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umount - Unmount file systems on linux


The umount function is used to unmount a given file system from the specified target on linux. This is done by issuing a request to the virtual file system to detach the file system as well as any associated mount points. Umount can also be used to unmount all mount points in a given target. Note that unmounting a filesystem removes the filesystem from both user and kernel spaces, so it is important to first ensure that nothing in user space is actively using the filesystem.

There are some edge cases to consider when using umount. For example, the "lazy unmount" option can be used to prevent processes from being impacted by an unmount event by keeping them alive until the next time they try to access the filesystem. However, if the filesystem is mounted with a read-only flag, the lazy unmount will not be applied as the processes should be able to keep running despite the filesystem being unmounted.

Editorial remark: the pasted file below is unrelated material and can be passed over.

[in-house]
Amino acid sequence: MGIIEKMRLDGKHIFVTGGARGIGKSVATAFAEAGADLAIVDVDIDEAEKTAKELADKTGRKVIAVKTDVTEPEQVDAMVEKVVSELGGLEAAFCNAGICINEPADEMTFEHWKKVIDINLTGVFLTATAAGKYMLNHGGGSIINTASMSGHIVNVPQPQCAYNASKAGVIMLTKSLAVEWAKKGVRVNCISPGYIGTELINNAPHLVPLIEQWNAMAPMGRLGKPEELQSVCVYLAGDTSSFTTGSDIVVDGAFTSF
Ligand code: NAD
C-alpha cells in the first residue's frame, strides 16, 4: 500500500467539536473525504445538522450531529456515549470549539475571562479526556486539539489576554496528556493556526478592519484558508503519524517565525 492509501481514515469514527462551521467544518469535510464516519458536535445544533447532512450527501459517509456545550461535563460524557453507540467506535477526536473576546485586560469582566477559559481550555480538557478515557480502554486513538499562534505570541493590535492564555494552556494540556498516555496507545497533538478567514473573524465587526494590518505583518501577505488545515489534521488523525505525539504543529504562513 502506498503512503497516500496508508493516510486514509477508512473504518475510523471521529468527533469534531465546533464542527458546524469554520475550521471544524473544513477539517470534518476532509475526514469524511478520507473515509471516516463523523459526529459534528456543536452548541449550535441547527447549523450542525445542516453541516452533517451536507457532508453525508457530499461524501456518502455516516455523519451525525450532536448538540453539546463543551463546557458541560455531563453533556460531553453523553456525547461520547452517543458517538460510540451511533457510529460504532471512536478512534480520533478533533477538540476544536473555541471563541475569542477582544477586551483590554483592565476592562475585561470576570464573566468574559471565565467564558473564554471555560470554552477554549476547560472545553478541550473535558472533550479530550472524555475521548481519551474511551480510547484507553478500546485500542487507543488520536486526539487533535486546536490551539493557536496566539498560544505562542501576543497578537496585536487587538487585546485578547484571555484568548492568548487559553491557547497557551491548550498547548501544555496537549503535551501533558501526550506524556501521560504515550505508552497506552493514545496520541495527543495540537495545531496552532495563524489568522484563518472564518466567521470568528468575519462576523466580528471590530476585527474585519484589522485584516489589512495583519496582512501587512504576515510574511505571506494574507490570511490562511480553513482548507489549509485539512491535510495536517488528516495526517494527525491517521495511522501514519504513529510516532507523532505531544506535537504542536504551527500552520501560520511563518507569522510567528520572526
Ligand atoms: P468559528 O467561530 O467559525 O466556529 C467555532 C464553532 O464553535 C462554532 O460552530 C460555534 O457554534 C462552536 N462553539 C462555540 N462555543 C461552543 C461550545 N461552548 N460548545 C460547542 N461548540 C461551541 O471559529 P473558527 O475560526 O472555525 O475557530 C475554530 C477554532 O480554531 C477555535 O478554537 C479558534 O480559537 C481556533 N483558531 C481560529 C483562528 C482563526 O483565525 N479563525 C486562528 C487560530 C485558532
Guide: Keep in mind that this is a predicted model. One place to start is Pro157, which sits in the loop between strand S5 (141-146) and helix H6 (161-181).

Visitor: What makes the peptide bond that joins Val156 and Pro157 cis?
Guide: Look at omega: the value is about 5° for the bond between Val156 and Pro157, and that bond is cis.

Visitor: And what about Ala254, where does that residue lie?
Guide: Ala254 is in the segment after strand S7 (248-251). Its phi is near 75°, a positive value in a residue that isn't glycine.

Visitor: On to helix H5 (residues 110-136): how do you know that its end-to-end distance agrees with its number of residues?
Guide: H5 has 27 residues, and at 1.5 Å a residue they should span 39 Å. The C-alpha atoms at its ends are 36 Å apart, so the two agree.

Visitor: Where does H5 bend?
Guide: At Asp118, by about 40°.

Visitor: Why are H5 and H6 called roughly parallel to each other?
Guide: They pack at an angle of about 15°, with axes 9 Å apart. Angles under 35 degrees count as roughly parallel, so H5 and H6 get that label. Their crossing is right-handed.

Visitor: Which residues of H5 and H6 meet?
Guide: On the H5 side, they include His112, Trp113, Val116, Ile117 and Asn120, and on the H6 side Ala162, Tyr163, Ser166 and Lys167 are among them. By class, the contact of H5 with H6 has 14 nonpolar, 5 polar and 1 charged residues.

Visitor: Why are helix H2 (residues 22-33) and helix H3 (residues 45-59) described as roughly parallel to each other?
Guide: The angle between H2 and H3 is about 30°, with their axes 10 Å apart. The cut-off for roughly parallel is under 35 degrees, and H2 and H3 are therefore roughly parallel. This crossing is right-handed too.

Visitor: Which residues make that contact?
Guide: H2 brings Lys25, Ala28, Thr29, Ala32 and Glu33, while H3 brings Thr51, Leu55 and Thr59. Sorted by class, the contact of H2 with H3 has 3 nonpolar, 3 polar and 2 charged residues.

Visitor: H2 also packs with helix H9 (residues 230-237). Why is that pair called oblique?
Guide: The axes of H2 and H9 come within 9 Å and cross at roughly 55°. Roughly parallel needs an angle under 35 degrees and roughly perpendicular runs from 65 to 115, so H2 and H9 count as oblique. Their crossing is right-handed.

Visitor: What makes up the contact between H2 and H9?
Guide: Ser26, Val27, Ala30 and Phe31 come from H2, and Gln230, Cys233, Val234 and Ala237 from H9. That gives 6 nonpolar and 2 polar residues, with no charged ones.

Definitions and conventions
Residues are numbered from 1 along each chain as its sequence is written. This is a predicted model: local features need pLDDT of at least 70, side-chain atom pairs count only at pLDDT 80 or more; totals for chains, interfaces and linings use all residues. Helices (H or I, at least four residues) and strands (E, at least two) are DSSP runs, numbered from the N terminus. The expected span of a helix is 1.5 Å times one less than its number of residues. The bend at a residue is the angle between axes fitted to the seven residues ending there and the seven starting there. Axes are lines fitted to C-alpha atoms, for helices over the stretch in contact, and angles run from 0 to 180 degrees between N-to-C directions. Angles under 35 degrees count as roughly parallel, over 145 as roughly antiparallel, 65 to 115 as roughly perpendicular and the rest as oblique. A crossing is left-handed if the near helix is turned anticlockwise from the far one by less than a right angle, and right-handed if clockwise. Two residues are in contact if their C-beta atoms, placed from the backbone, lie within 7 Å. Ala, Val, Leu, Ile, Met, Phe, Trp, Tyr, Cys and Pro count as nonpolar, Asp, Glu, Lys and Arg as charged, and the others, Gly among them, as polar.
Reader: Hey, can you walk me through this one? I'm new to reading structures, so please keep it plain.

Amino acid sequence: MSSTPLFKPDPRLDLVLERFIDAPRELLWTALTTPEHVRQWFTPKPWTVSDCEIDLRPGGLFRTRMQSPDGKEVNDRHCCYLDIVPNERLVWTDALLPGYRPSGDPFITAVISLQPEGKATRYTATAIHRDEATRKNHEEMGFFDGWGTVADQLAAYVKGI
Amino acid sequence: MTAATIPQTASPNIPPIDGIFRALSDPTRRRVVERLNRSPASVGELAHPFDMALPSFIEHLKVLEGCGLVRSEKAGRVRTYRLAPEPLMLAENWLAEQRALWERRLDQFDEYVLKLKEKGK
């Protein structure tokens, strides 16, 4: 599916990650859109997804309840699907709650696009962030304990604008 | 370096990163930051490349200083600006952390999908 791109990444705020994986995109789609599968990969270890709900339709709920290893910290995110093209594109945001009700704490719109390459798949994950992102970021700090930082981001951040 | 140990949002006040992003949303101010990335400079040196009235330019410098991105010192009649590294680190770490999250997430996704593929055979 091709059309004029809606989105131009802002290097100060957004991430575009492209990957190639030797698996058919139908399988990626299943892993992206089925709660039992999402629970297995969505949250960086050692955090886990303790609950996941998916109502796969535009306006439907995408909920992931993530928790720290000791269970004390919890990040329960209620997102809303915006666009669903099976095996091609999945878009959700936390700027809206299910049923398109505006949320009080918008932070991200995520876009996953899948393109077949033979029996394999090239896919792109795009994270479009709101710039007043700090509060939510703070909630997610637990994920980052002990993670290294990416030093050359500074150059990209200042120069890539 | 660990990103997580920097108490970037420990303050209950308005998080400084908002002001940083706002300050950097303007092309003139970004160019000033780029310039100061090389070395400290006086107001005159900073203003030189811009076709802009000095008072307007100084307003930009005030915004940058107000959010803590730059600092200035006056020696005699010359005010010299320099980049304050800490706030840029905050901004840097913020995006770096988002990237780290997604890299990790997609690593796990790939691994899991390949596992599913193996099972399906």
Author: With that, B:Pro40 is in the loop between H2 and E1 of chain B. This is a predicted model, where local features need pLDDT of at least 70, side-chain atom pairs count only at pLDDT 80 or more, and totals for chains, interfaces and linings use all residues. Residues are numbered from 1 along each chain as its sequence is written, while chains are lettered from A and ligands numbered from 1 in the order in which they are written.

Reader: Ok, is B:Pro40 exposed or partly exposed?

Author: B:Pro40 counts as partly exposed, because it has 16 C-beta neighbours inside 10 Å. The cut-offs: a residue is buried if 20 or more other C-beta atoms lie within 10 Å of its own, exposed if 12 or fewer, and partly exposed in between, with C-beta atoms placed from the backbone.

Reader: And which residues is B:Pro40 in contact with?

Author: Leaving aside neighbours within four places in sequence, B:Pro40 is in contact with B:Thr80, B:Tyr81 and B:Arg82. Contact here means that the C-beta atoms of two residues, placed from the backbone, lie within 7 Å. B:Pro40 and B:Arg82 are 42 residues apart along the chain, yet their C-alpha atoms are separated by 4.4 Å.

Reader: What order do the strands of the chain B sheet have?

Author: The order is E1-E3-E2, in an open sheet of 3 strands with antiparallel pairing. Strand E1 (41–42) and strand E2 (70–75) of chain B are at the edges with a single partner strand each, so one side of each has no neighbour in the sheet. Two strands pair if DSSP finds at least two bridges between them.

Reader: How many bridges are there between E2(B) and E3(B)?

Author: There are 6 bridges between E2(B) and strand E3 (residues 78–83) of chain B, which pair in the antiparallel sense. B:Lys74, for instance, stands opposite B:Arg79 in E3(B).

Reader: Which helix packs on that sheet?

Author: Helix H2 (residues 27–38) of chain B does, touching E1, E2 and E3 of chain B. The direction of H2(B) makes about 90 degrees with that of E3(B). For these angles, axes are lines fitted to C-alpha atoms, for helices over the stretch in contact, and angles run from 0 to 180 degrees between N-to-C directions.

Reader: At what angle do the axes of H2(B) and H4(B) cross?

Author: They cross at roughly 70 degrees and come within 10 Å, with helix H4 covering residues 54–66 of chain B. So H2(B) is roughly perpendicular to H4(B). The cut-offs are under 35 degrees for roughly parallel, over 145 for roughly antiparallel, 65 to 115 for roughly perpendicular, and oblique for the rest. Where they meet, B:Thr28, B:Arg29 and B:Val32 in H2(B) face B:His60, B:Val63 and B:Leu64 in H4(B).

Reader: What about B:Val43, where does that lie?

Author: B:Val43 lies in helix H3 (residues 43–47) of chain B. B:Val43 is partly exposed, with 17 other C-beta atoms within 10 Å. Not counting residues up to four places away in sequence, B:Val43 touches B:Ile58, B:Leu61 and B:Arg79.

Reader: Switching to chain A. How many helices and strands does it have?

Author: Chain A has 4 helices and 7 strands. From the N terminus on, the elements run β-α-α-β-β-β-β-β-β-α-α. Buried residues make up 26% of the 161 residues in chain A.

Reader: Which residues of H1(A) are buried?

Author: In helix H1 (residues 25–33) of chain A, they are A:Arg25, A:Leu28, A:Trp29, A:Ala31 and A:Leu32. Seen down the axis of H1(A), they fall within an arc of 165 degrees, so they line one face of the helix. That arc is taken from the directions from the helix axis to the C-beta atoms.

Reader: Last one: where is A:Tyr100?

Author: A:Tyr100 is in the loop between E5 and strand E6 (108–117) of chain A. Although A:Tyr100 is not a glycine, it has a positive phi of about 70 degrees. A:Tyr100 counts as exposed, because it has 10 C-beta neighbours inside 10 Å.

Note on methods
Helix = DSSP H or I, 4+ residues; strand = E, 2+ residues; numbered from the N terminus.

• target:const char* - Pathname of the block special device or directory to be unmounted.

Available Tags

  • U - Originated from user space (for example, pointer to user space memory used to get it)




Kprobe + Kretprobe


Hooking the sys_umount function is used to gather information about filesystem usage by monitoring both the entry and exit of any umount call.

Example Use Case

One common use case might be monitoring the usage of a given filesystem. When an unmount is requested, this event would be triggered with the corresponding arguments. Analysing this data could be helpful to track usage patterns, or troubleshoot issues with the unmount operation.


If umount is issued with no target specified, it will try to unmount all mount points, which could have unintended effects on the system. It may be a good idea to have monitoring systems in place to detect in case it is used in this manner.

  • mount

This document was automatically generated by OpenAI and needs review. It might not be accurate and might contain errors. The authors of Tracee recommend that the user reads the "events.go" source file to understand the events and their arguments better.